Based on 3.4GHz an Intel Core i5 3570 processor, the Fusion Lynx delivers more than enough performance for a family PC. Chillblast has actually selected the slightly more expensive “K” version of the chip, although the Asus P8B75-M LX motherboard is unable to take advantage of its overclocking features. The Chillblast Fusion Lynx will be available from February 7 2013.
The Chillblast Fusion Lynx system comes with a whopping 16GB of memory and its 1TB hard drive is also supported by an Intel 330 series SSD which delivers fast storage performance. Being a 120GB model it will require less user management than lower-capacity models.
An XFX AMD Radeon 7770 graphics card is installed in the Chillblast Fusion Lynx, which delivers a sensible level of GPU performance, allowing light gaming but avoiding a disproportionate spend on 3D graphics. You can easily find systems with a superior graphics card, but they tend to come at a much higher cost.
Instead, Chillblast has put the budget to more general-purpose use, such as the Cooler Master Silencio 450 system case which includes noise damping material to ensure quiet operation in the home. Its minimalist exterior also provides a handy front-facing USB 3.0 port and an SD card reader which can be accessed without opening the hinged front door. This case is one of the smartest of the bunch, with superior build quality and understated looks. It's also meticulously tidy inside, thanks to built-in cable management, although motherboard leaves little room for any upgrades.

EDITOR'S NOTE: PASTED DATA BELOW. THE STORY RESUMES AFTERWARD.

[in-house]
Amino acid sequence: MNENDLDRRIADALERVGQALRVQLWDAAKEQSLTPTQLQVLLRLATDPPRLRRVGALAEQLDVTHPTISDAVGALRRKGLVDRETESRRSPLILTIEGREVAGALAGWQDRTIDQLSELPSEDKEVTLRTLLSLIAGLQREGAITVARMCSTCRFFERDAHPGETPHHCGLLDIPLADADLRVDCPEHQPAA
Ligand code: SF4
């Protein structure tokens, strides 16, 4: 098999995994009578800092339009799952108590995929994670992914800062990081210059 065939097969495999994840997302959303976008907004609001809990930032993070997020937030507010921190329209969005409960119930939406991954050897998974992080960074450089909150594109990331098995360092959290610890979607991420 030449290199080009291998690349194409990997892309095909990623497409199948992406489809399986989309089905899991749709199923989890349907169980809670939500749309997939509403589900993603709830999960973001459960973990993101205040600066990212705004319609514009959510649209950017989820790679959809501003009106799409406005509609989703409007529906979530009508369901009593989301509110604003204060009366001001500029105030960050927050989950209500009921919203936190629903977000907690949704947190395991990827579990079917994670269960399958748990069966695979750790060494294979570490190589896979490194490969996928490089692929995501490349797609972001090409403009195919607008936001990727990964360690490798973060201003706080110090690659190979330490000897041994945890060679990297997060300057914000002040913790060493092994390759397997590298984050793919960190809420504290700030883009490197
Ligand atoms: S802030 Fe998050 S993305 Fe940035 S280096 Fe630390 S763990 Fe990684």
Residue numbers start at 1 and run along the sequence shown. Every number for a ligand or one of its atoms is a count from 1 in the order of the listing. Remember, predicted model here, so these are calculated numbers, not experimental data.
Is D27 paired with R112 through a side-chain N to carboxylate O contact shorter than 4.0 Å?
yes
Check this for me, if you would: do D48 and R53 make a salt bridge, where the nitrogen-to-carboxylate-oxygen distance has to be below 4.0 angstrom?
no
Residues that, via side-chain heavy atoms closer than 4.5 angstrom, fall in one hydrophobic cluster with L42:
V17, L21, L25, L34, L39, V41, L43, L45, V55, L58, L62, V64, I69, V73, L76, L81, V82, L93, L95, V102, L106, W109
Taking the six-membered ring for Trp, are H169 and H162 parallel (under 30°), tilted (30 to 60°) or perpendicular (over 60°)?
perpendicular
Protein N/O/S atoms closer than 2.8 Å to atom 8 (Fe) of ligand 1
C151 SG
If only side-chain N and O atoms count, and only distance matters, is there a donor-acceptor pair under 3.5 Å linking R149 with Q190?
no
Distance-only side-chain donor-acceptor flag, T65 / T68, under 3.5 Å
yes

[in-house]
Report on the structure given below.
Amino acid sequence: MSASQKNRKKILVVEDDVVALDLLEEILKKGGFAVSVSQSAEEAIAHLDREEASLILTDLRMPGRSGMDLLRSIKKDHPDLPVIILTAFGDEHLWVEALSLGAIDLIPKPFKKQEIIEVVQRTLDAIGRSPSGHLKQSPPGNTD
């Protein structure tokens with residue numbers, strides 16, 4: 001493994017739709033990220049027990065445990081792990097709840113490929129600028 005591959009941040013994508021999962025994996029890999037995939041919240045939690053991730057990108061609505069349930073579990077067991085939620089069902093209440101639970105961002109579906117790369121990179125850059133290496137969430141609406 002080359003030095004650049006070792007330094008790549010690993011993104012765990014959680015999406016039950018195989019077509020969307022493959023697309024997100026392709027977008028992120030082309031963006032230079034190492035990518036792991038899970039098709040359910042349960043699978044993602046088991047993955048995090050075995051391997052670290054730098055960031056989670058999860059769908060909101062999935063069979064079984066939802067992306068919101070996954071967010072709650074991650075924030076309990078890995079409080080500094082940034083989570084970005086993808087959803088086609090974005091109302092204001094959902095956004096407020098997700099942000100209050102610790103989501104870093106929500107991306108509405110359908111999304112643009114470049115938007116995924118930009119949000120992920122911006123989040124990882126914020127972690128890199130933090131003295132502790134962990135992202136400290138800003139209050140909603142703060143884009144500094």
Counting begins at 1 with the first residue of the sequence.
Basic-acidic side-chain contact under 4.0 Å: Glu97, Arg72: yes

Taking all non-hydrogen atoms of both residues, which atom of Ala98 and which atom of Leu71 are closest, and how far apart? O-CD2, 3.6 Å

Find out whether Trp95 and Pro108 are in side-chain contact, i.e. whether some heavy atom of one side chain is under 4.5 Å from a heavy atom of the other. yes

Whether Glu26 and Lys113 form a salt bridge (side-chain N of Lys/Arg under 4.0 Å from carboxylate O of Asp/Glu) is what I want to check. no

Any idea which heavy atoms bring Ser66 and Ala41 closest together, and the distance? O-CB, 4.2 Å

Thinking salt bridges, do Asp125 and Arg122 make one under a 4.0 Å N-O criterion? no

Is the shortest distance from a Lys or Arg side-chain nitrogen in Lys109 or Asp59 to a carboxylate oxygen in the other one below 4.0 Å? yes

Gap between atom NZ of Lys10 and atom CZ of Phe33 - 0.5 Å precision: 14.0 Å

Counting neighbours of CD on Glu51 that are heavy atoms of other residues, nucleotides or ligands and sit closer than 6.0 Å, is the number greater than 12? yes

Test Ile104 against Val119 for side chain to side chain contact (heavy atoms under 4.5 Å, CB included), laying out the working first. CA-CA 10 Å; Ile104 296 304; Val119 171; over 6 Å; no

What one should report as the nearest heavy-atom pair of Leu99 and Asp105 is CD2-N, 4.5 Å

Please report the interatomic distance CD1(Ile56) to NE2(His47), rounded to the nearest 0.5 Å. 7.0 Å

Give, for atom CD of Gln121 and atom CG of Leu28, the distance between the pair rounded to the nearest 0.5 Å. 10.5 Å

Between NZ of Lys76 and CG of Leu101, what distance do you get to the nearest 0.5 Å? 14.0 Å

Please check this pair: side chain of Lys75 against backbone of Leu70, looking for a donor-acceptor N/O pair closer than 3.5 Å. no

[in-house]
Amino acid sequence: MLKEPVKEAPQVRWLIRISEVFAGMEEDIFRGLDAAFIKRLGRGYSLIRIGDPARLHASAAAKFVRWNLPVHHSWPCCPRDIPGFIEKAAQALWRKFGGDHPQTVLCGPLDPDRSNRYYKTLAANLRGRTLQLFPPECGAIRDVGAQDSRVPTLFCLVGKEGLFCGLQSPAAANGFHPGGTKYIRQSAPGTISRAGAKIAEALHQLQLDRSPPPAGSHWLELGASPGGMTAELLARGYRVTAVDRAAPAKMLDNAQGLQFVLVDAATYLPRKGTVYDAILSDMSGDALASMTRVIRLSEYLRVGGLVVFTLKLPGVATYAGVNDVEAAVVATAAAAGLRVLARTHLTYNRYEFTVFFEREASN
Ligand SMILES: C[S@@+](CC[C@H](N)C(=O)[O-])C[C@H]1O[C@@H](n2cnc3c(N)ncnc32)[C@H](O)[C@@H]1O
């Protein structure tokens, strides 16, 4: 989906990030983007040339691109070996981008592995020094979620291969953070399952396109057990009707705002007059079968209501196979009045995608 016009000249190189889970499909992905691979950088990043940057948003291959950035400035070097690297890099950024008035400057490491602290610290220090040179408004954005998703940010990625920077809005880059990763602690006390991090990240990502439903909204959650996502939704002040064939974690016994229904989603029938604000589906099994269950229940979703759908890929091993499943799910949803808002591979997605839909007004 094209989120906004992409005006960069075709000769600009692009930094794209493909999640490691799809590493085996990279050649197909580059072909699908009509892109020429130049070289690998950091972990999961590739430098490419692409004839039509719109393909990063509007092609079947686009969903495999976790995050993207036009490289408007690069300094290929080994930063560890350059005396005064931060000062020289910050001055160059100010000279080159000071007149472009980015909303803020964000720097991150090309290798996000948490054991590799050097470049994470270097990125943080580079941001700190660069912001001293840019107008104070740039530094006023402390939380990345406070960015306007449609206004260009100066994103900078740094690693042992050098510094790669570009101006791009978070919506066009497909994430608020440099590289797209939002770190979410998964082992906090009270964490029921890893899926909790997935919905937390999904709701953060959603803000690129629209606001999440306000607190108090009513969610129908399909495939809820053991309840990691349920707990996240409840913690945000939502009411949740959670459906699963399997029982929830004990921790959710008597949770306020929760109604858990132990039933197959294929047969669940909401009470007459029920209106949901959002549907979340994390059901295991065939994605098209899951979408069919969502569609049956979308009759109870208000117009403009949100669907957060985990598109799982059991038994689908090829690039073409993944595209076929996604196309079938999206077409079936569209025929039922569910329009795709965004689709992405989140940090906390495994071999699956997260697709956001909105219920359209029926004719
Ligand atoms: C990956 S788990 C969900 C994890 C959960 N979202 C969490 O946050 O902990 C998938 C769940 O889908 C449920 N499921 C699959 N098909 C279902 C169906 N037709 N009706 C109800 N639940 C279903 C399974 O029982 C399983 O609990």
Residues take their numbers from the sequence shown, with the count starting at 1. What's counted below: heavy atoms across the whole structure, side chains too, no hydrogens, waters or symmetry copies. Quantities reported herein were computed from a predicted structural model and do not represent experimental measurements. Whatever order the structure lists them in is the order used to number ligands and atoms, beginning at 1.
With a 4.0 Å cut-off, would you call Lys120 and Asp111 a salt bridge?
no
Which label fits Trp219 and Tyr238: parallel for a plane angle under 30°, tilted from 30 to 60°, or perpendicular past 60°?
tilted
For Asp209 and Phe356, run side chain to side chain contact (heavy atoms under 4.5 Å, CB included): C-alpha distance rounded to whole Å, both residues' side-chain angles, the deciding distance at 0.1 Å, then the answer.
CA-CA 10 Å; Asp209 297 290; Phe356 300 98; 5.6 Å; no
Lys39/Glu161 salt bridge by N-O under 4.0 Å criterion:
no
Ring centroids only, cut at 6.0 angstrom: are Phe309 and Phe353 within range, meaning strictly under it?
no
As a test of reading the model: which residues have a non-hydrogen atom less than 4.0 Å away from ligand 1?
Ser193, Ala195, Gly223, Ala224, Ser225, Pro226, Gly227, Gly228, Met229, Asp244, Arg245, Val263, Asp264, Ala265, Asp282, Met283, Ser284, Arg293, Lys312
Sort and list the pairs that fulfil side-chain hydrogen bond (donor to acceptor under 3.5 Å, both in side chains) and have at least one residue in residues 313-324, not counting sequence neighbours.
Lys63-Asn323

We were particularly impressed with the Iiyama X2377 monitor included with the Chillblast Fusion Lynx. This 23in model includes an IPS panel with wide viewing angles and superior colour reproduction as well as a VGA, DVI and HDMI inputs allowing other devices such as a console to be hooked simultaneously up should you wish.
Other components include built-in Wi-Fi and the popular Logitech MK260 wireless keyboard combo, along with a Lite-on Blu-ray ROM drive which is supplemented by a separate Samsung DVD±RW burner.
Chillblast Fusion Lynx: performance scores
PCMark 7 score: 5311
Sniper Elite V21: 40.9 / 9.4
AVP: 44.2 / 22.9
Power consumption: 49 / 124
Chillblast Fusion Lynx: verdict
The Chillblast Fusion Lynx is a well-balanced system with good overall performance and enough graphics power for a bit of low-level gaming. It comes with an excellent monitor, plenty of RAM and a roomy 120GB SSD while the system case is one of the best at this price point.
How we test: General system performance
Core system performance is measured using PCMark 7, an industry-recognised test suite that uses 25 different workloads to measure areas such as storage, computation, image- and video manipulation, web browsing and gaming. We understand that results from this benchmark are not absolute, with Intel driver issues in Windows 8 meaning video-transcoding tests can present sub-optimal results. Nevertheless, the results give an idea of the relative performance